With so much stress over in-person, hybrid and remote learning, the thought of how to get children to school has been on the back burner for many parents.
But at Joseph Ingle Bus Service, it’s all they’ve been thinking about since March 12, when their fleet stopped rolling.
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“I’m thinking how are we going to do this,” driver Cheryl Merritt said. “I’m thinking about how about all these kids?”
Merritt has been driving buses for 32 years.
She was hesitant about getting back in the driver’s seat. But in July, the Department of Elementary and Secondary Education put out guidelines for school buses.
Masks must be worn at all times, windows have to open at all times except during extreme weather, there are assigned seats for every student, with one student on each bench alternating sides for each row.
“The 71 passenger would allow for 23 passengers,” Joseph Ingle Bus Service owner Stephen Ingle said. “That’s sitting one student per seat, however, they are allowing siblings to sit together.”
Ingle is anticipating as few as 15 students on some buses.
Hanover Public Schools’ hybrid plan has two separate cohorts for the district’s 2,600 students.
“The driver will observe them, make sure they have their mask on and to look for signs and symptoms, and then we’ll allow the first student on the bus,” Ingle said.
Before COVID-19, about 75% of Hanover’s students rode the bus, but a district survey found about 50% of parents plan on driving their kids to school this year, which creates its own challenges.
“We need to keep the parents dropping off, as well as the buses dropping off, separate. And so the principals are working together with our director of health services in terms of making sure the students enter the building safely, whether they come off the bus or they come out of their parent’s cars,” said Dr. Thomas Raab, assistant superintendent of business and finance for the Hanover School Department.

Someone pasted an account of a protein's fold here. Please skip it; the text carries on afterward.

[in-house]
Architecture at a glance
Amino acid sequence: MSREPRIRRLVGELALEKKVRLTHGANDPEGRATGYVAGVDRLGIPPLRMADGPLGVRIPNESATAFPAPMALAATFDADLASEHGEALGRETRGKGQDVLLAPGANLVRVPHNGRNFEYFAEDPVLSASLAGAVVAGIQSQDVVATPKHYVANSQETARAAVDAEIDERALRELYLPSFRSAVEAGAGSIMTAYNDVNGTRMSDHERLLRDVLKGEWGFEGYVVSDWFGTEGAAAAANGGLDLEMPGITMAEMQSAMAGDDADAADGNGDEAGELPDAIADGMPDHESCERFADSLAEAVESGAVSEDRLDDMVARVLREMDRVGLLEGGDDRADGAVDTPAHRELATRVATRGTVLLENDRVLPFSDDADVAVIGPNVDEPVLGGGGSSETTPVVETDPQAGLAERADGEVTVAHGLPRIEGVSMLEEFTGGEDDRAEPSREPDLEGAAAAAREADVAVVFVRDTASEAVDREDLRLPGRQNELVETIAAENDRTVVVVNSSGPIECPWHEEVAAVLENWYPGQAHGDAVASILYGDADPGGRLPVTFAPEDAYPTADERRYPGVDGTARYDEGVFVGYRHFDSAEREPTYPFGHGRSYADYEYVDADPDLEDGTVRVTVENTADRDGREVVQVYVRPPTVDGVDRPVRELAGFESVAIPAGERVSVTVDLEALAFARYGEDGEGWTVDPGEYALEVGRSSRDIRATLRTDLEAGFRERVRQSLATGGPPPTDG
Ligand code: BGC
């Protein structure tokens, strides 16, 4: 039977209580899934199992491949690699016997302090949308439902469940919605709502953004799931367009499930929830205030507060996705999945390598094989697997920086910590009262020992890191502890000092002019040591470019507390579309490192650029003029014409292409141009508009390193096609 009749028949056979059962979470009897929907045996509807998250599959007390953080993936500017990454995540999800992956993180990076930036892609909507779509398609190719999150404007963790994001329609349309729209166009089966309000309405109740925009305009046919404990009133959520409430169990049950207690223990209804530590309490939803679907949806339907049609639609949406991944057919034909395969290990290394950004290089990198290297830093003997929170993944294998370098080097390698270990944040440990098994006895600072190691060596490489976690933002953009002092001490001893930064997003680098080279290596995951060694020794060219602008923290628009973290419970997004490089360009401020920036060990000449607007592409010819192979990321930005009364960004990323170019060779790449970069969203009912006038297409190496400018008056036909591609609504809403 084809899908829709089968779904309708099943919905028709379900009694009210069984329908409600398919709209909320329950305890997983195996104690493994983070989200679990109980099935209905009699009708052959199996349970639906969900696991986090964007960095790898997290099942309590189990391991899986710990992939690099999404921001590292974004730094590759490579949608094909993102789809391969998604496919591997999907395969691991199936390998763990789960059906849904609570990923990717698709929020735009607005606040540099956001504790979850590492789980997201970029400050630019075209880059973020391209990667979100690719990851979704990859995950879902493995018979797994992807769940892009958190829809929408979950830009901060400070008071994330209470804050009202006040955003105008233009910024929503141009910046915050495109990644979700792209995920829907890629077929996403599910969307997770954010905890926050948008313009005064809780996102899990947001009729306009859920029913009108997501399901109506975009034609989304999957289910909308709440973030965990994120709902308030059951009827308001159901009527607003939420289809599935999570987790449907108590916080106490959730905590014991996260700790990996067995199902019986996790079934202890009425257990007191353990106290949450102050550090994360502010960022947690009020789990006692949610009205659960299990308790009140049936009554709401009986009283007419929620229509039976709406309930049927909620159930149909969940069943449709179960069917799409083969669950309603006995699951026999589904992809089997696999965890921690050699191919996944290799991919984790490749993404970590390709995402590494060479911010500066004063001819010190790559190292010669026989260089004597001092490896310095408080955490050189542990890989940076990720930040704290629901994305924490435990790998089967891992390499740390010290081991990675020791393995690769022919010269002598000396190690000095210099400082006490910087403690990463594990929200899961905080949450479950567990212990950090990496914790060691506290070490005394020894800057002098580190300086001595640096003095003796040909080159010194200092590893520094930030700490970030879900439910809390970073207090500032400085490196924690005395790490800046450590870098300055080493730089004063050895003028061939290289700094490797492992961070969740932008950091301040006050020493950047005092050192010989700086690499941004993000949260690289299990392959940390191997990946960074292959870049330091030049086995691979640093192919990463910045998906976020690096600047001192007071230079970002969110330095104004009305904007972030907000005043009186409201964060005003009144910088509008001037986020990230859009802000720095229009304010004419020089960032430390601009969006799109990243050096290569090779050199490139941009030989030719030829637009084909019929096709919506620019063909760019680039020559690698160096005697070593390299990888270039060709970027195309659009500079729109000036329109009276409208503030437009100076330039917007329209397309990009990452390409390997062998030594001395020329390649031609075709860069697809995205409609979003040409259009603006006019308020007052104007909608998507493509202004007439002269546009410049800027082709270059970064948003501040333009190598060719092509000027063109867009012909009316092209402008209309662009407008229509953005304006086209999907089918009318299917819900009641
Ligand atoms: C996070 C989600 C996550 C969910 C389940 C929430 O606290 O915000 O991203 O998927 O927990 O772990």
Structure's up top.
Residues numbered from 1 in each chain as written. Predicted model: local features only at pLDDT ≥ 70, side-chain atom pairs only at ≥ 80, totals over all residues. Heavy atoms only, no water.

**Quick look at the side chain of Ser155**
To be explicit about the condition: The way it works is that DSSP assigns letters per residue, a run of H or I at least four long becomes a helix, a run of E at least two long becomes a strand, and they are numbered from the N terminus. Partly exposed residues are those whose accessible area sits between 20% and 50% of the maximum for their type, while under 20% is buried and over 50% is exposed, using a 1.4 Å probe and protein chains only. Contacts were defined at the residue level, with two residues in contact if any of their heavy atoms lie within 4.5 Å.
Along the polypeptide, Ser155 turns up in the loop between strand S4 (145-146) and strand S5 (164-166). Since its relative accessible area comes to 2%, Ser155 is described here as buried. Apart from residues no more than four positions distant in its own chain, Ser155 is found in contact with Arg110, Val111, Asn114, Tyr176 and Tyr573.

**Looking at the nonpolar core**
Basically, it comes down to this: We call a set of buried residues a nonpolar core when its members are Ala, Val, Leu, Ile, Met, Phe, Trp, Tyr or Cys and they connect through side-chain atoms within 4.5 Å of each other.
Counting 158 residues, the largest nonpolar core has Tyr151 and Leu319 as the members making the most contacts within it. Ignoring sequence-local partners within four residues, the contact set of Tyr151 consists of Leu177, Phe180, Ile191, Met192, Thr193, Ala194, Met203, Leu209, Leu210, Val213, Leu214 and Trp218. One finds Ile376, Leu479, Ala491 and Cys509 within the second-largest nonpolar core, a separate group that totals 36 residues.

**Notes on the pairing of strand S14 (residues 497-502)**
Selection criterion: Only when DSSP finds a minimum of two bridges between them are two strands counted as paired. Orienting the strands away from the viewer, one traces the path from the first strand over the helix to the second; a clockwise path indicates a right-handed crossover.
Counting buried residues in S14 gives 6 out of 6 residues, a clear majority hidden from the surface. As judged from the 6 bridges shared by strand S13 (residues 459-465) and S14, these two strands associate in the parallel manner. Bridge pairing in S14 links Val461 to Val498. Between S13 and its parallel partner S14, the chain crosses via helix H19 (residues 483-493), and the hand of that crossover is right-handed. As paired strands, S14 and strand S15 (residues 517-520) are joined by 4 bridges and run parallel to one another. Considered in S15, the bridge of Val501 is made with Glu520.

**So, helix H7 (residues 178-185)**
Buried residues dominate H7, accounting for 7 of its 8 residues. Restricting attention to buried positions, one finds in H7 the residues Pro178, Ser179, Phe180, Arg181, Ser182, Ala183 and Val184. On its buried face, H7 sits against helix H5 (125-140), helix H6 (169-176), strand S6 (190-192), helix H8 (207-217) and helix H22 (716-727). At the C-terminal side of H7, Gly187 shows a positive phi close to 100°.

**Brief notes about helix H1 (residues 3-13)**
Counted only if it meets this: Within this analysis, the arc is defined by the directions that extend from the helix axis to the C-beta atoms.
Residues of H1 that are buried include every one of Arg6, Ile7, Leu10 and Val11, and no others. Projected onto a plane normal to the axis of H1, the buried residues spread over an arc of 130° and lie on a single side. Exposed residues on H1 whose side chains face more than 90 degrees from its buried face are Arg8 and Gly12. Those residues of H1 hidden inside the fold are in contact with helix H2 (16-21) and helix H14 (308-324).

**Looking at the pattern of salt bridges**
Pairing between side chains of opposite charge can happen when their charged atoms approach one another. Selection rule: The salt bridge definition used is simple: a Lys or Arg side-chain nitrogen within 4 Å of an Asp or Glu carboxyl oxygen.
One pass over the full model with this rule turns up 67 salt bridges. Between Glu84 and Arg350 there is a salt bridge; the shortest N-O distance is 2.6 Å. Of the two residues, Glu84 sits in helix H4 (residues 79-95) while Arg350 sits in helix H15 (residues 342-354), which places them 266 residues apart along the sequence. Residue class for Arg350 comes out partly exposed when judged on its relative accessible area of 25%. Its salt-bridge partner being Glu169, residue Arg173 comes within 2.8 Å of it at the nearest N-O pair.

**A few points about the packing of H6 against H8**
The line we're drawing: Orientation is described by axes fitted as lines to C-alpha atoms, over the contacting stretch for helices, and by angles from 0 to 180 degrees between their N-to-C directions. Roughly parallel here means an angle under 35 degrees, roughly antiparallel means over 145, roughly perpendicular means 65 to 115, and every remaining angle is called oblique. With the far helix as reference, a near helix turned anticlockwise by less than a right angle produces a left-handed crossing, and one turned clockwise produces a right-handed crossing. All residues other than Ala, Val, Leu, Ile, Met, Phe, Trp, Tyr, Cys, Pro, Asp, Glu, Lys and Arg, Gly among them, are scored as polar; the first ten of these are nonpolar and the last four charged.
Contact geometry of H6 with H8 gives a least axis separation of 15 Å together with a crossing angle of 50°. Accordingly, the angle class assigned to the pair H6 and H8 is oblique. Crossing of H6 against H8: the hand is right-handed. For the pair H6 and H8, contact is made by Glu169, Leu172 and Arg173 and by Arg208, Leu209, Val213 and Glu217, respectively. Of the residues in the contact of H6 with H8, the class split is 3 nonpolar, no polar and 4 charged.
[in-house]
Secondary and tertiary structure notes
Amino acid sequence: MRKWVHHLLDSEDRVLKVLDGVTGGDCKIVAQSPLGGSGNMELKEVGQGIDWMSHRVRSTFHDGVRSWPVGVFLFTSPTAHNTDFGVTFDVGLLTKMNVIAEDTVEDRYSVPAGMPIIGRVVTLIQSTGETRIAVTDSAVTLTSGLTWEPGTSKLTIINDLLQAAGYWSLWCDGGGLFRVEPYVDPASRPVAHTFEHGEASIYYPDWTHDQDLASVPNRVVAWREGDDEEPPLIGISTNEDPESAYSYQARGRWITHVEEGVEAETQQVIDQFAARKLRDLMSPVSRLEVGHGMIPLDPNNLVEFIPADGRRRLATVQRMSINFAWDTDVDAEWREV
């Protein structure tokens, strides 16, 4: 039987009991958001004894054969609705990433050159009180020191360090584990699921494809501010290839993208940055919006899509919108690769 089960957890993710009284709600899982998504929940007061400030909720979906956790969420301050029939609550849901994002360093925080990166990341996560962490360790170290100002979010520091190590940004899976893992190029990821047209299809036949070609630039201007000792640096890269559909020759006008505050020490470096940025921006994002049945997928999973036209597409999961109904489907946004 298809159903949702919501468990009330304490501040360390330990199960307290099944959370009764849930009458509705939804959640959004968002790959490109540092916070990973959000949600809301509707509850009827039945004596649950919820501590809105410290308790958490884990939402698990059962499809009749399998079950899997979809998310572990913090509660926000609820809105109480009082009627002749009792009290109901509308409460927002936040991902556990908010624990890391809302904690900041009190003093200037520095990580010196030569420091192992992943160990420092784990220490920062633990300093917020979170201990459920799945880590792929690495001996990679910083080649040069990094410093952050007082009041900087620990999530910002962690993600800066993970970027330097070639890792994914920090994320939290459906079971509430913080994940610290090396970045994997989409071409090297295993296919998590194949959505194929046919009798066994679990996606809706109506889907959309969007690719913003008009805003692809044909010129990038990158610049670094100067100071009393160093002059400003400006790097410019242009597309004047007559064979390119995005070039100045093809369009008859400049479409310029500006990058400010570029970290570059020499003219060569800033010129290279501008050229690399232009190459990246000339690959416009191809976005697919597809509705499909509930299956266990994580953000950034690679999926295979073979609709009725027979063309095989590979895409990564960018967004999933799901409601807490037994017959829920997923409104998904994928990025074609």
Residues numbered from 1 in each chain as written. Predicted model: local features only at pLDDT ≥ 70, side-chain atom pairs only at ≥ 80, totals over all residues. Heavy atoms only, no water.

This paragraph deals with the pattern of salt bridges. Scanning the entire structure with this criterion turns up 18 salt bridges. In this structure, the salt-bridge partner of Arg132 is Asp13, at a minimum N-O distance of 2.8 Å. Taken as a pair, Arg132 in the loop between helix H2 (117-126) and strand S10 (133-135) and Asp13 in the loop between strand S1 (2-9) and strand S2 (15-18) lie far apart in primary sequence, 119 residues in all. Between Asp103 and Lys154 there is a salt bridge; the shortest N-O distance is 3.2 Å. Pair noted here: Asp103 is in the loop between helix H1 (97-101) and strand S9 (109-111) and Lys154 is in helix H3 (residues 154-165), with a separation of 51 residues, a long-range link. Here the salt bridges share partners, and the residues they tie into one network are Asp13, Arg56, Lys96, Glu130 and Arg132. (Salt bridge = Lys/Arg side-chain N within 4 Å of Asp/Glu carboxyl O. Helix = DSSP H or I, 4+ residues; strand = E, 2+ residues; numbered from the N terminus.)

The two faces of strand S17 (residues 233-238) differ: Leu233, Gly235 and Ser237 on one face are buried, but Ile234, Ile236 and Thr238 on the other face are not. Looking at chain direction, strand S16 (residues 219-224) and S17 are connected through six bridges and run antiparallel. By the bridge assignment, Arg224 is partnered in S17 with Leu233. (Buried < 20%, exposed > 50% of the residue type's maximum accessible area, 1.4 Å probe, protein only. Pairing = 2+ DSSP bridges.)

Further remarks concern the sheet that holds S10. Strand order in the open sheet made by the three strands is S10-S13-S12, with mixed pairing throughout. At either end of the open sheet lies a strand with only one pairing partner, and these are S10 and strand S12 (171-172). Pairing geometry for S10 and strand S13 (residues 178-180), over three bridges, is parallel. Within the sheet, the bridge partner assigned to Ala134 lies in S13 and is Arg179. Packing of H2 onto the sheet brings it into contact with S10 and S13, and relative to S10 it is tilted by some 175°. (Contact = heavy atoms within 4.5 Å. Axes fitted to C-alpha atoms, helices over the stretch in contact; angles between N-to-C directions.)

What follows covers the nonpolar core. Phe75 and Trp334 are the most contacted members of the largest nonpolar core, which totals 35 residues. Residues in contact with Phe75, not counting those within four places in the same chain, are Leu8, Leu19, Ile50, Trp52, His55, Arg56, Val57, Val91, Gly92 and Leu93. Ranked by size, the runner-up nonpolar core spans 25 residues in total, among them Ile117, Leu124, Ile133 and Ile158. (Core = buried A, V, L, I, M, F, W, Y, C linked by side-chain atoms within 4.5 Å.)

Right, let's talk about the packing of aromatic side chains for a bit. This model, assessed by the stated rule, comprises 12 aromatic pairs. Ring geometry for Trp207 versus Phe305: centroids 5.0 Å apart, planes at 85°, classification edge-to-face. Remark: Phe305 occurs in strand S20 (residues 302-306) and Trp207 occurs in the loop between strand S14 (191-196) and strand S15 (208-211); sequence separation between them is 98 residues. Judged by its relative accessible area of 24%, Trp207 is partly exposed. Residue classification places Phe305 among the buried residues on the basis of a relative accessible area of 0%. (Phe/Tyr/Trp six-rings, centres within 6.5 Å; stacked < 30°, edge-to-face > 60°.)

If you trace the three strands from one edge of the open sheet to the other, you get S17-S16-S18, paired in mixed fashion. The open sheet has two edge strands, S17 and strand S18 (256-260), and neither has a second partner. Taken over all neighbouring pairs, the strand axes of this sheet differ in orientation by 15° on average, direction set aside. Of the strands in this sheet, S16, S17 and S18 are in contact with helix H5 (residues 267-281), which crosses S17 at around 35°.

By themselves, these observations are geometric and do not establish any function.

The transportation challenges vary from larger urban districts to small rural districts.
“The hybrid can’t work if the kids can’t get here,” said Dr. Martin McEvoy, superintendent of Hatfield Public Schools.
In Hatfield, which has just over 400 students for the entire district, there are only two buses per school.
With such a lean budget, McEvoy said Hatfield just can’t afford to transport the same number of students as last year.
“Frankly, we were very worried what it might look like if more people needed to take the bus,” McEvoy said. “Parents were able to help us out and bring their kids to school to get them here largely.”
But in Lowell, which is the sixth largest district in the state with more than 14,000 students and the largest offering full-time in-person learning for the fall, the city is conducting a lottery for available seats on its buses.
The district said the lottery gives priority to students with individualized education programs and 504 plan, homeless students, English learners and families who have more than one child enrolled in Lowell public schools.
“I’m in the limbo right now,” parent Abigail Higgins said.
Higgins is hoping her daughter, who will be learning in-person this year, will also get a spot on the bus, especially because her son who is entering first grade didn’t get an in-person learning spot in the district’s other lottery.
“It’s going to be hard for me, taking my son with me to drop off my daughter every morning. It’s going to be really, really intense for him, and I already imagine that he’s probably going to start crying a couple of times.”
With so many tears shed the last couple months over the closure of schools in the spring and the stress about the fall, drivers like Merritt hope parents and students will be excited to see their bus rolling up to their stop this week.
“I just want the parents to make sure that if they feel their child is feeling sick — keep them home. Don’t put them on the bus, because then it’s going to affect everybody on the bus if your child is sick,” she said.
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READ THE FULL STORY:5 on Education: Transportation challenges vary from district to district
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